Fox Sports Australia has moved to meet demand for play-by-play sports coverage on high definition (HD) TVs, tablets and smart phones by building a virtual private network enabling the media giant to send three HD broadcast feeds from sporting venues back to the studio over one connection.
Fox Sports Australia chief technology officer, Michael Tomkins, told Computerworld Australia that the multiple footage is used to create a “director’s cut” of close ups, goal kicks and running play as the match is played live. This is then broadcast on a variety of mediums including Foxtel, Austar, IP TV and video applications such as iPad app, Fox Sports View.
The company completed the upgrade of its private network in early 2011 with the help of networking vendor ,Juniper, and fibre company, Nextgen Networks. Fox Sports Australia had signed a multi-million dollar deal with Nextgen Networks in 2009 to develop a fibre network connecting the studio to 16 sports venue around Australia including stadiums in Perth, Adelaide, Melbourne, Newcastle, Canberra, Brisbane, and the Gold Coast.
Prior to the implementation, the company was using a combination of one-way-satellite and digital video network (DVN) services. However, these offerings proved to be bandwidth restrictive, requiring heavy video compression and encoding, which could impact the broadcast quality delivered to subscribers.
Tomkins added that the company wanted to secure data services in key sporting locations, removing costly satellite capacity and eliminating the need for heavy video compression. In addition, Fox Sports Australia needed to deploy a converged video, data and communications offering to enable two-way communications between sporting venues and the TV station.
“Capability within the market place when the network went in was that broadcasters could only get one [broadcast] feed from each venue and data was carried separately,” he said. By implementing the Juniper offering over the 1GB Nextgen Networks fibre connection, the company was able to send three HD quality feeds back from each venue.
“To do that via a traditional network would have taken three connections just for HD video plus extra connections for data,” Tomkins said.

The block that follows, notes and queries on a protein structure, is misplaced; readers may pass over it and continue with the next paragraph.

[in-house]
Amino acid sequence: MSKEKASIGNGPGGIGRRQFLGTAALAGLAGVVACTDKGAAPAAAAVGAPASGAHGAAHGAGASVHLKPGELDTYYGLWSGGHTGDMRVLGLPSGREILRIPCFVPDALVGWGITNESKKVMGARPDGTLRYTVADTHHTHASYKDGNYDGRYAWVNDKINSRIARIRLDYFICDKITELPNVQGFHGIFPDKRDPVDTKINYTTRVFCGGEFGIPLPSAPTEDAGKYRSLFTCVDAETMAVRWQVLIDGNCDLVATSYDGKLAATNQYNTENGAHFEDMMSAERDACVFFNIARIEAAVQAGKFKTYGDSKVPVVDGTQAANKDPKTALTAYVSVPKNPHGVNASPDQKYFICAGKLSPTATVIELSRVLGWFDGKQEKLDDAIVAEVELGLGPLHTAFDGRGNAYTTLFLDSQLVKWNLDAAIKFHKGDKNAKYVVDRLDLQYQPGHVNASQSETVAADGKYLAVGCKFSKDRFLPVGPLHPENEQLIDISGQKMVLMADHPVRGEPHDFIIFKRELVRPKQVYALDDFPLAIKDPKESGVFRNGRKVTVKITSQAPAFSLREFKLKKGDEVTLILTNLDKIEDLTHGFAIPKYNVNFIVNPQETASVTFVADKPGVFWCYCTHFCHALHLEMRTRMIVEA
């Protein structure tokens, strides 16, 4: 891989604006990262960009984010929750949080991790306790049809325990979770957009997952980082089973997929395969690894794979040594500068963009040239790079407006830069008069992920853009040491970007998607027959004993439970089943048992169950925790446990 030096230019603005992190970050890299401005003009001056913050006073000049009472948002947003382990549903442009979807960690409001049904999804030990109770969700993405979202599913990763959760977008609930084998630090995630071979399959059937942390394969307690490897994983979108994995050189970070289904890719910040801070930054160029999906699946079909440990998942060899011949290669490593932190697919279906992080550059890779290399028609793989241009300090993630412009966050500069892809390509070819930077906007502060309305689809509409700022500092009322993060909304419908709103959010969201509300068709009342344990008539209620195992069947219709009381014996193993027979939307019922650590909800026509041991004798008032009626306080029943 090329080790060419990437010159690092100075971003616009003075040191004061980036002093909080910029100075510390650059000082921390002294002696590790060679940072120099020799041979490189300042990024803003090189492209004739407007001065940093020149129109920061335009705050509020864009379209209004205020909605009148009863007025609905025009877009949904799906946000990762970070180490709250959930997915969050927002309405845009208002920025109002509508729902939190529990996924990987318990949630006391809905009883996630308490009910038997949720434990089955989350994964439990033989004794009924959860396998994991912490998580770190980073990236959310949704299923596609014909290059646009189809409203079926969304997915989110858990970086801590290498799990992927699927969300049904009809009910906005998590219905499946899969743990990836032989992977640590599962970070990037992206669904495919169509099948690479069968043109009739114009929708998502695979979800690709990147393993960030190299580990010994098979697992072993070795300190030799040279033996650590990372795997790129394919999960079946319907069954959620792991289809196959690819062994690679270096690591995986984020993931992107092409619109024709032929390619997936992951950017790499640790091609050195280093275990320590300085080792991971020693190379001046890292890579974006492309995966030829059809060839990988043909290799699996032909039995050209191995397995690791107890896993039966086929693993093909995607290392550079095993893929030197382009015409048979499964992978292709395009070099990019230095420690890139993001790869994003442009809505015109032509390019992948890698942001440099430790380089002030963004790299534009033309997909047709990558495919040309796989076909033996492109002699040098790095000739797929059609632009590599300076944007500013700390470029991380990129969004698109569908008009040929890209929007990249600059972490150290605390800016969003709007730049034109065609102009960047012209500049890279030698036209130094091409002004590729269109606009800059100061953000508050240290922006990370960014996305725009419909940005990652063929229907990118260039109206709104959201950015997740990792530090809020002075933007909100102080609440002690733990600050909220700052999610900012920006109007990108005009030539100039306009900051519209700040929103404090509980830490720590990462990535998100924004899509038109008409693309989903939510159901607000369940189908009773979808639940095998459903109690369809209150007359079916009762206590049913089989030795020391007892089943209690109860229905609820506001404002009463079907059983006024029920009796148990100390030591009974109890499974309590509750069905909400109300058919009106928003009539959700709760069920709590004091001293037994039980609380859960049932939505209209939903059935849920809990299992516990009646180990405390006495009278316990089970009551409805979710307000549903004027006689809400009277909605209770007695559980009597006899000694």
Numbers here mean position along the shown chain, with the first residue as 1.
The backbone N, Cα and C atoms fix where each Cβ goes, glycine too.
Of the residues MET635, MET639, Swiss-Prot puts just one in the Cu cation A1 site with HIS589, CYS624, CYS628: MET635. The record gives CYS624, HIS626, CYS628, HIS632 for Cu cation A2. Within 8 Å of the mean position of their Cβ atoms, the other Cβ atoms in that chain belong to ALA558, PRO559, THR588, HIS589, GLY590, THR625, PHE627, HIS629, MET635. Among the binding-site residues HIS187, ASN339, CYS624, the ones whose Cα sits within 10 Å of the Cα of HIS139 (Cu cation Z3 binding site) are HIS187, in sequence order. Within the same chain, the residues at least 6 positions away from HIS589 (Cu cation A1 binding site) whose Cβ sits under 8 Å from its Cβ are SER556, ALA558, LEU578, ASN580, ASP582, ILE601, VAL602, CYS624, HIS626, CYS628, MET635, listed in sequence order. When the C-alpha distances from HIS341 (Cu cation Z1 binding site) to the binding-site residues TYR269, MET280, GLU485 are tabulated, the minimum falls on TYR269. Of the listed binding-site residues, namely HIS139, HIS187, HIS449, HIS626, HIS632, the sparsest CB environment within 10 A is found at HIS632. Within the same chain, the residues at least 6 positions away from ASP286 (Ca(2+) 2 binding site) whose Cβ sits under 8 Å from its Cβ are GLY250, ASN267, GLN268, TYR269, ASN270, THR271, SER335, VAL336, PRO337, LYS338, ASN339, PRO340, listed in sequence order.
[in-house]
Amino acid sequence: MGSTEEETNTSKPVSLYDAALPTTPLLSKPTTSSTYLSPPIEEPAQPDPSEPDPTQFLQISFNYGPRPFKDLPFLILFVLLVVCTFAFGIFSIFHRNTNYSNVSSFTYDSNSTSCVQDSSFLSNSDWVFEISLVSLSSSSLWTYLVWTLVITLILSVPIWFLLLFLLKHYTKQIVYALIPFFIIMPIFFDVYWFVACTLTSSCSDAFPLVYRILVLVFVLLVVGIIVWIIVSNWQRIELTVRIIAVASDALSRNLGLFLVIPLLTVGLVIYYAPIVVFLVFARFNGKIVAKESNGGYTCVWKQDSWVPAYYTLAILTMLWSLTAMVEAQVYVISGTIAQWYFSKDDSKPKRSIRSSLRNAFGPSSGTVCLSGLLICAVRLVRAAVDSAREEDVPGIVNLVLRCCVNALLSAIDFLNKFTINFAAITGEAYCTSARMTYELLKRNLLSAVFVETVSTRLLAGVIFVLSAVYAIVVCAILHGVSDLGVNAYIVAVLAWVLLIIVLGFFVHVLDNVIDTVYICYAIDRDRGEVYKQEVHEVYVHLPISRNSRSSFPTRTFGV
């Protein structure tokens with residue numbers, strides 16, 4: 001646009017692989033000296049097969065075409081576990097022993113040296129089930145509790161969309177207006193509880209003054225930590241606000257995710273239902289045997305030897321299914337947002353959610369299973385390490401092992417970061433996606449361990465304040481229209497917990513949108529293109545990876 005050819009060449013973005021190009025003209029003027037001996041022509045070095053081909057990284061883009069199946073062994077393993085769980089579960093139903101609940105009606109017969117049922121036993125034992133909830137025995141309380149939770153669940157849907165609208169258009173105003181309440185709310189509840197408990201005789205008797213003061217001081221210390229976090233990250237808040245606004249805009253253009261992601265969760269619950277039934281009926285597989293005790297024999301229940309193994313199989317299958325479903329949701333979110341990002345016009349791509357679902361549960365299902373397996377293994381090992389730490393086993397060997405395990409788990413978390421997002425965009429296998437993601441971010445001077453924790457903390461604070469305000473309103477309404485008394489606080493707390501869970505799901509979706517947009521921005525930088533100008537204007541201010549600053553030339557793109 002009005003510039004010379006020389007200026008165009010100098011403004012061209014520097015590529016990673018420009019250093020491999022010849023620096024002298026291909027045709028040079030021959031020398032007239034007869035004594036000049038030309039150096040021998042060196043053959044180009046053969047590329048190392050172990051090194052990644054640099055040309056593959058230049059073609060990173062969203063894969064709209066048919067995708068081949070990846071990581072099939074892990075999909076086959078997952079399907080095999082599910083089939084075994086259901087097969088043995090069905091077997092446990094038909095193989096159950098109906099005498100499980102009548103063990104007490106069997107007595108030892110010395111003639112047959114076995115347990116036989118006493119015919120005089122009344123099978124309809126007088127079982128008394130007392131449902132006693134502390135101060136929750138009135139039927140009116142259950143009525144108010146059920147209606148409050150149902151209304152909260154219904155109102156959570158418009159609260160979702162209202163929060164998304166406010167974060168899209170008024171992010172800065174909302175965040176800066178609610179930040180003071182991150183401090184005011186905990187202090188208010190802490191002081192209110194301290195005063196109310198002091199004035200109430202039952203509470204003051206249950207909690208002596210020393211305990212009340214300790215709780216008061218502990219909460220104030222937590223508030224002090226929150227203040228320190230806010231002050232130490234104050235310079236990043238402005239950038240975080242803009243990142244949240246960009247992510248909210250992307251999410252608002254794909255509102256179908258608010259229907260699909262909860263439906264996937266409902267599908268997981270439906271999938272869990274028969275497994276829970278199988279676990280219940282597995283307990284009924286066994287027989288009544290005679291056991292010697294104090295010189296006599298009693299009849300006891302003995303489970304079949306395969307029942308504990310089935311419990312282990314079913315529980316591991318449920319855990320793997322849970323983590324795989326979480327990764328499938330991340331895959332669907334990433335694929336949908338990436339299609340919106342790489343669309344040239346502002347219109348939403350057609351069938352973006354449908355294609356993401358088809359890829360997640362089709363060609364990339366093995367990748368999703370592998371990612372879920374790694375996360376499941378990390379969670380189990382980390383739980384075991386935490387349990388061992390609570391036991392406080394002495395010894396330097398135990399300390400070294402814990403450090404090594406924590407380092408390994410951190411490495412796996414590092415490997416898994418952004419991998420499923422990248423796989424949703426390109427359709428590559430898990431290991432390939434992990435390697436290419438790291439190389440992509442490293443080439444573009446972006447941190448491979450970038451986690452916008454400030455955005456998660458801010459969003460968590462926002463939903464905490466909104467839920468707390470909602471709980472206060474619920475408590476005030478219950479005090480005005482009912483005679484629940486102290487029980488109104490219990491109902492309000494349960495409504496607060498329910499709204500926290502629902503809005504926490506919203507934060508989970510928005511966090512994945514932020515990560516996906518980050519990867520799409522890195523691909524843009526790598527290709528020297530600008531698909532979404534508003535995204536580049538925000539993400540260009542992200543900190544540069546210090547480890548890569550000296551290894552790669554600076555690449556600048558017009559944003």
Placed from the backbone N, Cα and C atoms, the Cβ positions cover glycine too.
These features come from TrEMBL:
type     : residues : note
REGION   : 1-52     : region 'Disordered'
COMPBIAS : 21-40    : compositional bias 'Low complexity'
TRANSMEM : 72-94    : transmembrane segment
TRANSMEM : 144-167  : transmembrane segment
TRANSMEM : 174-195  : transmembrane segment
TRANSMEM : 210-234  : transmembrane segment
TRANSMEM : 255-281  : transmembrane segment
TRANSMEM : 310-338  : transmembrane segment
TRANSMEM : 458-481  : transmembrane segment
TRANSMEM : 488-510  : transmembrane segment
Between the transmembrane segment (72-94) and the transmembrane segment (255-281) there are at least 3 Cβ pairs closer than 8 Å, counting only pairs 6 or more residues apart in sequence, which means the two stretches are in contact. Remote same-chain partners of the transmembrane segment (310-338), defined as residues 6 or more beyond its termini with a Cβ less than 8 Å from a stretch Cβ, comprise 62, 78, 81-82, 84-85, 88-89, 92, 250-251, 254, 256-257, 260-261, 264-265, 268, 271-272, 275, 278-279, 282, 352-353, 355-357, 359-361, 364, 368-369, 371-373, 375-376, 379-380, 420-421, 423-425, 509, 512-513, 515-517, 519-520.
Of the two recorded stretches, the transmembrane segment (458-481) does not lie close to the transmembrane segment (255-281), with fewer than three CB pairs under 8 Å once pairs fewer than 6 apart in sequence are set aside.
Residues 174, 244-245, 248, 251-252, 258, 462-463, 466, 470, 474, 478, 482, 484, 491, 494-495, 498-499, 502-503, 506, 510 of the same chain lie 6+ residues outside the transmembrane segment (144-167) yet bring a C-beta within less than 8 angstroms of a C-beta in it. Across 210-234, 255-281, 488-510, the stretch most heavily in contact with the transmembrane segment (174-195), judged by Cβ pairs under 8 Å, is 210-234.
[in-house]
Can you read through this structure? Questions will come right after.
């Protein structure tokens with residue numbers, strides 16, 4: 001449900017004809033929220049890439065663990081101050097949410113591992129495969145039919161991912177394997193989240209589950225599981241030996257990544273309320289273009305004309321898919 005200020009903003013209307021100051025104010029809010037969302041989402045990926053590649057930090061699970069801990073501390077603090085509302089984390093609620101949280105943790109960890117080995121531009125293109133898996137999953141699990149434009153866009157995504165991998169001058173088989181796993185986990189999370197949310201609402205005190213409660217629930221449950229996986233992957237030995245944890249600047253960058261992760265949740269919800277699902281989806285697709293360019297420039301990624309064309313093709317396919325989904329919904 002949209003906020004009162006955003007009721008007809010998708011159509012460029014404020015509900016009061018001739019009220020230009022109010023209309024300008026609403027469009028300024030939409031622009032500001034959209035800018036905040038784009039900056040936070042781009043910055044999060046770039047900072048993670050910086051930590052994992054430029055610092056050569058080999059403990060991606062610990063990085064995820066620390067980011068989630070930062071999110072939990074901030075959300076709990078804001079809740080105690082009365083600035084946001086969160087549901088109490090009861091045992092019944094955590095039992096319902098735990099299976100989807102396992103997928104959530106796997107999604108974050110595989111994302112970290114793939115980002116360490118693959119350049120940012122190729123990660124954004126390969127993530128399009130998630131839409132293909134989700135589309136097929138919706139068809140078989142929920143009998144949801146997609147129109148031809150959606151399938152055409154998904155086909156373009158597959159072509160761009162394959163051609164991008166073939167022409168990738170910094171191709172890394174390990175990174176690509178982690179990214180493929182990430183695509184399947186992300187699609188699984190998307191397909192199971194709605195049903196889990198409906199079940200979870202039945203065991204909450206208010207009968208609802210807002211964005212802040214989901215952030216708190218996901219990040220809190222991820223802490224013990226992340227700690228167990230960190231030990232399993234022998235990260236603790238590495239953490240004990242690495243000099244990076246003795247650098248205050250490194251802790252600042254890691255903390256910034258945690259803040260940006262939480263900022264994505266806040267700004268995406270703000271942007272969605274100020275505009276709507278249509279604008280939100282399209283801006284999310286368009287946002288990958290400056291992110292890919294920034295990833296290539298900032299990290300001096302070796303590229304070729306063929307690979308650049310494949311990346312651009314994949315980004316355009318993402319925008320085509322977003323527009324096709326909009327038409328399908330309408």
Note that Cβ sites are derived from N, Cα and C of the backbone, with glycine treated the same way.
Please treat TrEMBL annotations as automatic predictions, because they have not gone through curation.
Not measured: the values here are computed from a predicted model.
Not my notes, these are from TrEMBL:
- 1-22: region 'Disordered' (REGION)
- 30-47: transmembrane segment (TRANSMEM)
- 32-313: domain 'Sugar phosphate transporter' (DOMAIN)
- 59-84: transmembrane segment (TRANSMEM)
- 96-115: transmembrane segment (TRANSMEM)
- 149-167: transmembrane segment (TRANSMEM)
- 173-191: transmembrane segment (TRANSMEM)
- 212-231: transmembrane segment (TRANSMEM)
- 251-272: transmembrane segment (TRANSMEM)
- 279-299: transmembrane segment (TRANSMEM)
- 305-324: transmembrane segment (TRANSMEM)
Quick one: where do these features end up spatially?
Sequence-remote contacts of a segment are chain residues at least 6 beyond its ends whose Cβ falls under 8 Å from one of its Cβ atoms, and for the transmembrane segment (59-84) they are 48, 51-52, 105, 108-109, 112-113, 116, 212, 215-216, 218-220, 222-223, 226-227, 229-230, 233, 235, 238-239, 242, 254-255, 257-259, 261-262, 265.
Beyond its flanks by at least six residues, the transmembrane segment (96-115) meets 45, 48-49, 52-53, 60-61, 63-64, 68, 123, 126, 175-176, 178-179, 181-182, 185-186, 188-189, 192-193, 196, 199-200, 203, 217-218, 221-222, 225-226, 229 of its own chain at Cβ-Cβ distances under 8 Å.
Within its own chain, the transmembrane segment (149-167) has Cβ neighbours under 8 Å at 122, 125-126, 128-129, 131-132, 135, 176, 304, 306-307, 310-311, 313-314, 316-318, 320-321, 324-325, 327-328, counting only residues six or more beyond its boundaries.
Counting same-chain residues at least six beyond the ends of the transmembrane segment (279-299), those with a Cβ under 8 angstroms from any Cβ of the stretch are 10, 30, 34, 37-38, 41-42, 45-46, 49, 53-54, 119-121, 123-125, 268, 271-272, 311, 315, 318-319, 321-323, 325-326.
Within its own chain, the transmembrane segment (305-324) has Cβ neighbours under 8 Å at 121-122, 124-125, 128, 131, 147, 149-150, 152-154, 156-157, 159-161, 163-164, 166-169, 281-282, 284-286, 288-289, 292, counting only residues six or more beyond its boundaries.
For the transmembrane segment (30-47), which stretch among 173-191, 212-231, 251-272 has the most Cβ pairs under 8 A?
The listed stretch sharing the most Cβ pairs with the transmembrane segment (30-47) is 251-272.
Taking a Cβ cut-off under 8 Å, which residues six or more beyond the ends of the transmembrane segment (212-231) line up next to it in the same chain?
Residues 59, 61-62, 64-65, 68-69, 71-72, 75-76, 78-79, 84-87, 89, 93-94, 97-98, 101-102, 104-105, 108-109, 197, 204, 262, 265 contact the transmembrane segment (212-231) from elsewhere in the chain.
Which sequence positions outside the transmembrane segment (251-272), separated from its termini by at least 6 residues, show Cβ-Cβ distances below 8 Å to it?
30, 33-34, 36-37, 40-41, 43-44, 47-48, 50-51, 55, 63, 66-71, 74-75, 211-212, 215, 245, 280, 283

We have multiple [broadcast] trucks rolling around Australia so when the truck parks up at the stadium the crew set up a data link back to the studio using the converged video and data offering,” he said.
Fox Sports films up to 700 outside broadcasts a year so the kit comes in for a lot of use. Since implementation, he estimates that the company has saved “thousands of dollars per hour” with expectations that the virtual private network will have paid for itself within the first year.
Since the networking implementation, Fox Sports Australia is in the midst of building its own data centre in Gore Hill, Sydney, as it moves data and staff from a cramped office in Pyrmont.
“Being a television station our data requirements are too high for a data centre provider as we grow at about 30 terabytes per weekend,” Tomkins said. “We’re shifting 1.2 petabytes of tape archives and 1.2 petabytes of spinning disc.”
The data centre, targeted for completion in December 2012, will have 130 racks, centralised cooling and capacity to take Fox Sports’ data requirements which grow at one petabyte every six months.
While the majority of its data will be hosted in the new data centre, Tomkins added that Fox Sports Australia hosts its Web services and parts of its website in a hybrid public/private Cloud.
“For video file delivery from overseas we’re looking at if we can have that file delivered to the Cloud, use the storage in the Cloud as a buffer and bring it across as required.”
“We want to use a local Cloud so we can get good speed because most of the content that we need from overseas is coming from the US or Singapore,” he said.
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